The removal of complex underlying protocols is valuable because it will allow any party within the network to utilize the resources provided by various DONs while simultaneously maintaining their original legacy system without major compromise. This will be achieved by removing the features of specific blockchains, which in turn will enable companies to connect existing systems to virtually any blockchain without the need for expertise of said blockchain computation. Moving forward this will break ground for the concept of Meta contracts which will exist on a decentralized metalayer that would seamlessly interoperate on-chain logic and off-chain computation alongside connectivity with numerous blockchains and existing off-chain services. As stated in the whitepaper 2.0, this is currently a conceptual model that needs to be kept in mind as we move forward with the solutions presented in the whitepaper. This brings us into the subject of scalability through DONs and its executables with the blockchain. In theory the implementation of hybrid smart contracts with this model of scale will improve blockchain scaling by focusing transaction and oracle-report processing off-chain instead of on-chain.
This feat of scaling is achieved by supporting Transaction Execution Framework (TEF). TEF overlooks efficient integration of DONs and Oracles with other well performing layer-2 systems such as Arbitrum’s rollups, to group transactions off-chain as stated above to abstract this level of work away from layer-1, enhancing the performance of that said system. A DON will be able to able to process transactions while simultaneously processing data from external systems, which forwards the results from the transactions’ output to the blockchain. While this is a huge improvement for the movement of data, we run into the issue of transparent confidentiality which many existing and emerging protocols will need to run their systems trustless and efficiently. Chainlink looks to achieve transparency alongside new confidentiality protections with three main approaches: Confidentiality-Preserving Adapters, Confidential Computation, and Support for Confidential Layer-2 Systems.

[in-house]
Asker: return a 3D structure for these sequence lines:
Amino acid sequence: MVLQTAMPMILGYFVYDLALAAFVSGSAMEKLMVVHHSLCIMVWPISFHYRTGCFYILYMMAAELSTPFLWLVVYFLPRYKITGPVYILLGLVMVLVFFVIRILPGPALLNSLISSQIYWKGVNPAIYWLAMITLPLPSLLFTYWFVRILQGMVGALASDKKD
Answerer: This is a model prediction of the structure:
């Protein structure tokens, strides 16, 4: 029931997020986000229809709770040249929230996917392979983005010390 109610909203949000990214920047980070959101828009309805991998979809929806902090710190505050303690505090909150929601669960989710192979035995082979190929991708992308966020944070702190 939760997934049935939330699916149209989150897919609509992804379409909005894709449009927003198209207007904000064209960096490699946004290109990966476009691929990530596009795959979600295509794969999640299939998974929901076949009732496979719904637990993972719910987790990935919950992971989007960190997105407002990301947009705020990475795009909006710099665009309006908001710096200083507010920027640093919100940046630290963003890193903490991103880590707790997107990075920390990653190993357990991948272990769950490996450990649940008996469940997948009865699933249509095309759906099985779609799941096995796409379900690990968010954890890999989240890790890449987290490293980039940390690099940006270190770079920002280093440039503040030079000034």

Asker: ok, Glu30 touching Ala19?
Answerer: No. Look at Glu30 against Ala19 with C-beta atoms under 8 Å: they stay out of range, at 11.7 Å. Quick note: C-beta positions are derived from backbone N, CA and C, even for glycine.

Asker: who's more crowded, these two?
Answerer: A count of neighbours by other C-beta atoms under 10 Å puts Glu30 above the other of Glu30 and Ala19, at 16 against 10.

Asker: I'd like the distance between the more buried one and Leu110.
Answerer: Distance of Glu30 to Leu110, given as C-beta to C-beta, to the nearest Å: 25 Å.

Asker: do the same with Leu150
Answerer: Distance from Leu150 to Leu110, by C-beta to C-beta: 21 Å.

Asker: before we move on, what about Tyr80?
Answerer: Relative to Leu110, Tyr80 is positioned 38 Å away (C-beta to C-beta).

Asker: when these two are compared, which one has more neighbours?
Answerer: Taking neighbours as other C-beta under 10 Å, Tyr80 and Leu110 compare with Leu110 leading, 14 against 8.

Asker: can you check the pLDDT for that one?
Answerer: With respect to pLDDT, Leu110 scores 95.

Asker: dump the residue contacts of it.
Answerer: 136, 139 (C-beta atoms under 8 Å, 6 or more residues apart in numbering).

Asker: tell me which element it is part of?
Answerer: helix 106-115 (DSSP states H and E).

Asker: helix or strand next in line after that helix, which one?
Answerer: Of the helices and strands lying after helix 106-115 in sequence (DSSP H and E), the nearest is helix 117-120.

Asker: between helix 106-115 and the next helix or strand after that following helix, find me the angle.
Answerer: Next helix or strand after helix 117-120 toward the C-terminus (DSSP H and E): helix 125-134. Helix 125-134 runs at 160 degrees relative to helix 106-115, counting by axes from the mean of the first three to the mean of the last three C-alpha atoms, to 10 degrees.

Confidentiality-Preserving Adapters (CPAs) will enable oracle nodes to request data from off-chain systems in ways that protect user privacy and data confidentiality. Two technologies are being prepped for deployment to achieve this named DECO and Town Crier as we speak and will play a huge role in the design for these said adapters for DONs moving forward. Confidential Computation (CoCom) is achieved by the inherent ability for DONs to conceal their computation from blockchains by using secure multi-party computation and/or trusted execution environments. CoCom is also possible because DON nodes compute over data which they do not have visibility of. Confidential Layer-2 Systems (CL2S) are possible through TEF because many use zero-knowledge proofs to provide various forms of transaction confidentiality. In short, a DON will be able to receive sensitive data through confidentiality-preserving adapters which push derived data to the DON through a function (i.e. secret-sharing). The executable on the DON then passes CoCom to derived data for a report and then passes the derived data to the blockchain ensuring confidentiality throughout the process. This leads us into Fair Sequencing Services (FSS) that tackles order-fairness for transactions on the blockchain.